The reassuring data on the Delta variant

One of the most important questions is whether vaccines are still working well. The best way to answer that is to look at the number of vaccinated people getting serious Covid-19 symptoms or being hospitalized. A new study from the U.K. found that vaccines are still incredibly effective at preventing serious illness with the Delta variant circulating. The Pfizer vaccine was 96% effective after two doses at preventing hospitalization, meaning the average unvaccinated person in the study was more than 25 times as likely to be hospitalized with Covid as the average vaccinated one. (This almost certainly understates the protectiveness of the vaccine, as the vaccinated cohort was older and had a higher incidence of pre-existing conditions than the unvaccinated one.) The Johnson & Johnson vaccine produces strong neutralizing antibodies and cellular responses against the Delta variant, still present eight months after administration.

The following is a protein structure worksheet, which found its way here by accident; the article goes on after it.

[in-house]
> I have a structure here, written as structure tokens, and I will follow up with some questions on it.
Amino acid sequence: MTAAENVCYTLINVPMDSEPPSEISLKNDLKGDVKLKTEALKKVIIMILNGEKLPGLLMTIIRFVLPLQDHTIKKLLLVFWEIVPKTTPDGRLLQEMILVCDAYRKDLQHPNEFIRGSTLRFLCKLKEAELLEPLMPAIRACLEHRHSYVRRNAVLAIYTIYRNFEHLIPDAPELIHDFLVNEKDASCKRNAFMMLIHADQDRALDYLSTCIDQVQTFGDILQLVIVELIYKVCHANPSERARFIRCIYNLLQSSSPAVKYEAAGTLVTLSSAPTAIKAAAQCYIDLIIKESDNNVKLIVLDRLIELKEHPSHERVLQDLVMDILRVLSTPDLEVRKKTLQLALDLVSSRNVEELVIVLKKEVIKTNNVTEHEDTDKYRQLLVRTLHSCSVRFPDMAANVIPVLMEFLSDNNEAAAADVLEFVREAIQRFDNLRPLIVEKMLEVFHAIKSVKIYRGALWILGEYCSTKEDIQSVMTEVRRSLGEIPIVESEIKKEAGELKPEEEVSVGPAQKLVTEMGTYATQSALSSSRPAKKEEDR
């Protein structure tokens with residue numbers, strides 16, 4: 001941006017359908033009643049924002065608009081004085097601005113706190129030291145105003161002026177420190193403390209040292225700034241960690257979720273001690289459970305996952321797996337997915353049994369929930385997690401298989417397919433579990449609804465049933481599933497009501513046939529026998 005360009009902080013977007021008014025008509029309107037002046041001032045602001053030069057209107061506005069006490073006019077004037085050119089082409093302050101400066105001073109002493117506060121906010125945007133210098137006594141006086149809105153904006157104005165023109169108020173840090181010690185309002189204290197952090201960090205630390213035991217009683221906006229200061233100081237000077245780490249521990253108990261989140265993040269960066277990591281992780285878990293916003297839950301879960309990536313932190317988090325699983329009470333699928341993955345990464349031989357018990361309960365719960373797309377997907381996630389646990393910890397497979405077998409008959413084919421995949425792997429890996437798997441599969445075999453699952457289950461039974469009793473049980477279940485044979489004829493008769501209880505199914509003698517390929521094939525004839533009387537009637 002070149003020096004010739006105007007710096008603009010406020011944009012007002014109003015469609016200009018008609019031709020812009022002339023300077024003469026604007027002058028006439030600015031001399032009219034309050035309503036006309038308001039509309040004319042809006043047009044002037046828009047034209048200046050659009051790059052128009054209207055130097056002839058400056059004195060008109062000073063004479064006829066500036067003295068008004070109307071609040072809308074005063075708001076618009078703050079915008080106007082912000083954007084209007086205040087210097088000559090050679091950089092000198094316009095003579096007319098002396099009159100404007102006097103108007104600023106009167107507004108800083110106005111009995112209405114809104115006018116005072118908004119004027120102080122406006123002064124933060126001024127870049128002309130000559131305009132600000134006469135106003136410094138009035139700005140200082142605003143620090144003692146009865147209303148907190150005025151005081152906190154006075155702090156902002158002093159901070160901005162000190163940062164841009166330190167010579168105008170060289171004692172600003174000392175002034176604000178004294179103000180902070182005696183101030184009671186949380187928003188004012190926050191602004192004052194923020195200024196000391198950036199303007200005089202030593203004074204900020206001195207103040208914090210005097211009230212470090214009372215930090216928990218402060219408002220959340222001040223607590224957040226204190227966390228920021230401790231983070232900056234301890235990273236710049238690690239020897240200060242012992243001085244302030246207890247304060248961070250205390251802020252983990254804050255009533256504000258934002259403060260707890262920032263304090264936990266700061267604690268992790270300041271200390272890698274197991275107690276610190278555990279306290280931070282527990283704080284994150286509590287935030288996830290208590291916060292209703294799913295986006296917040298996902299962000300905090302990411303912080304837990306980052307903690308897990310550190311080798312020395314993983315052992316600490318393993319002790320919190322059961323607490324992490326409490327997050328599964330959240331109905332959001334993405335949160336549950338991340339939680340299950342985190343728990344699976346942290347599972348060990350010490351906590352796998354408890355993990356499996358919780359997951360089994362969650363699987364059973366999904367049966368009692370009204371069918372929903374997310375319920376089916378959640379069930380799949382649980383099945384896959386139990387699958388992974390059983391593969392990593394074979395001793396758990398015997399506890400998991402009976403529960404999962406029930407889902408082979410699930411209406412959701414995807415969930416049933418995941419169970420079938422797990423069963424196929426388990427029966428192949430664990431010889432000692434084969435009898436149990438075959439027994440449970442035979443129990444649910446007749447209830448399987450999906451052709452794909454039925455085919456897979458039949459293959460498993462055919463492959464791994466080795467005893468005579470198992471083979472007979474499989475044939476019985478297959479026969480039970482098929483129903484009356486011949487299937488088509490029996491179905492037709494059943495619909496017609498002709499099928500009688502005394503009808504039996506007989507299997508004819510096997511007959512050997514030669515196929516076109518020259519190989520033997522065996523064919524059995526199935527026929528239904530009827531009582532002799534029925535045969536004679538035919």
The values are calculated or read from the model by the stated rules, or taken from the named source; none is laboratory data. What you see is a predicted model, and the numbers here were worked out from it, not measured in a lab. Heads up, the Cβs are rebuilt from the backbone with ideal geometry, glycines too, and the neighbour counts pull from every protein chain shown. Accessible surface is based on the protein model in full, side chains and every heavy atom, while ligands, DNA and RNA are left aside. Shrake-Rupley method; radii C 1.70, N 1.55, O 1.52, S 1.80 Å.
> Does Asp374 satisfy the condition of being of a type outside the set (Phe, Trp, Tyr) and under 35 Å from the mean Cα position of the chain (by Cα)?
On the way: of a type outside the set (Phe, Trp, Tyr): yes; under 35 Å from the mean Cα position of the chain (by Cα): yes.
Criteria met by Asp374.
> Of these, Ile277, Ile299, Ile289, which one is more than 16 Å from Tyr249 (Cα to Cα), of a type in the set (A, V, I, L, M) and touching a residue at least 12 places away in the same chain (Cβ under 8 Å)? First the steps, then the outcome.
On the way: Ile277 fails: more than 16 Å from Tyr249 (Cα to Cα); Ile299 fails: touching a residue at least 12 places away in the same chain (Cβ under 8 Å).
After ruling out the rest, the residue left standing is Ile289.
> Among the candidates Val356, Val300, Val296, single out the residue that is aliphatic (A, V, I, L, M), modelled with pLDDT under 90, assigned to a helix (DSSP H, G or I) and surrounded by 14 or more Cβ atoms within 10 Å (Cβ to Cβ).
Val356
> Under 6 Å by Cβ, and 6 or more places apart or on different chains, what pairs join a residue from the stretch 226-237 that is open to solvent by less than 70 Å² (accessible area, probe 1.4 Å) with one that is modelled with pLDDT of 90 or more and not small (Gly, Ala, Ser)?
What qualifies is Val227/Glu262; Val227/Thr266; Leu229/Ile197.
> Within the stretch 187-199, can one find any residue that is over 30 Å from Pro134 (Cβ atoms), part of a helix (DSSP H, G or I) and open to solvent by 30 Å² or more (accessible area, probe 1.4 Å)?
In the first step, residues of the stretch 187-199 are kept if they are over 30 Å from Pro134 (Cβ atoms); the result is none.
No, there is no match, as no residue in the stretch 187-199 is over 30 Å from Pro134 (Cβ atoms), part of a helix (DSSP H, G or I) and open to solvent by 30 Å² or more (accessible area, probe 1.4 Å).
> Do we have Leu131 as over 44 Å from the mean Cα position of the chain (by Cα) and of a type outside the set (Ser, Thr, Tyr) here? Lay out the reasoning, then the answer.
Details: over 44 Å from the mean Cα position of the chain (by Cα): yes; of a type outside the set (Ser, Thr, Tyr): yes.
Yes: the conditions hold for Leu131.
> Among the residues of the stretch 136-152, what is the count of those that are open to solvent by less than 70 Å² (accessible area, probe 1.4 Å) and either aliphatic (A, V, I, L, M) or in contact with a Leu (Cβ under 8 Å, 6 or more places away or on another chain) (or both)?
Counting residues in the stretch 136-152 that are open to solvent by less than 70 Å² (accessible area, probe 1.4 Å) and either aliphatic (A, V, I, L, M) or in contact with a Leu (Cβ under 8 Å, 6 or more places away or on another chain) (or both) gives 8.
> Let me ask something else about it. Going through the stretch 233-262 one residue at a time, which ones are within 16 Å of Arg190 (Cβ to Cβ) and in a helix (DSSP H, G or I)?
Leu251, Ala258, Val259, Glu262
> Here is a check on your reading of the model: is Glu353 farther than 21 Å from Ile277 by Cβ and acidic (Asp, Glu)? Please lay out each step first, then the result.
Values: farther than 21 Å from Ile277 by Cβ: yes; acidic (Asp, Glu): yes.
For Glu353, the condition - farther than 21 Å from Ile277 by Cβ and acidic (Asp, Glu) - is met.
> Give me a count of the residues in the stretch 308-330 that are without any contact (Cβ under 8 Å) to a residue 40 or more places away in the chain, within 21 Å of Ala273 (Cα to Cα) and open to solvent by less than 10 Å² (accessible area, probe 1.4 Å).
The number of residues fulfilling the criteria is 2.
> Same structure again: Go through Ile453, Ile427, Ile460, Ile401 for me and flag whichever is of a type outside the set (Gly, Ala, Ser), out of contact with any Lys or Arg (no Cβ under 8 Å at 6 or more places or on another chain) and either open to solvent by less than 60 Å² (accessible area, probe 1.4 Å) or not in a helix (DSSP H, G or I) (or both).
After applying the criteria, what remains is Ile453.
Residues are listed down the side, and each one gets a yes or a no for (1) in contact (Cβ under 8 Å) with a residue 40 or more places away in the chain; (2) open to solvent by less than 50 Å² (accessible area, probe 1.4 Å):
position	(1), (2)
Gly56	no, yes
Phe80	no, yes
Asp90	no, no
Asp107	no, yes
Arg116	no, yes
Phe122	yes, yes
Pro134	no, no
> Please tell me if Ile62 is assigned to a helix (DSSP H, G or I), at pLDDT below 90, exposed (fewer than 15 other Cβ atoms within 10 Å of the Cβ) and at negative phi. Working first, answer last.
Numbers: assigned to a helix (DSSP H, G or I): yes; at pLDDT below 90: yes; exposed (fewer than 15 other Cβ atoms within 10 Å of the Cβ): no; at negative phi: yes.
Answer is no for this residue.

Studies from Canada and the U.K. show 79% to 87% effectiveness against symptomatic infection with the Delta variant. On July 8 the Centers for Disease Control and Prevention and the Food and Drug Administration asserted their confidence in the vaccines. They jointly announced that no boosters are necessary at this time...

The human immune system truly is more clever and flexible than most people realize. Vaccines generate memory B cells that allow them to produce adapted antibodies toward a range of variants should they ever encounter them. Data from the La Jolla Immunology Institute and the University of California, San Francisco show that T-cell responses provoked by the vaccines are strong against known variants. If you choose a two-shot regimen such as Pfizer or Moderna, getting both shots is still important, as the booster may be necessary to recognize a range of variants.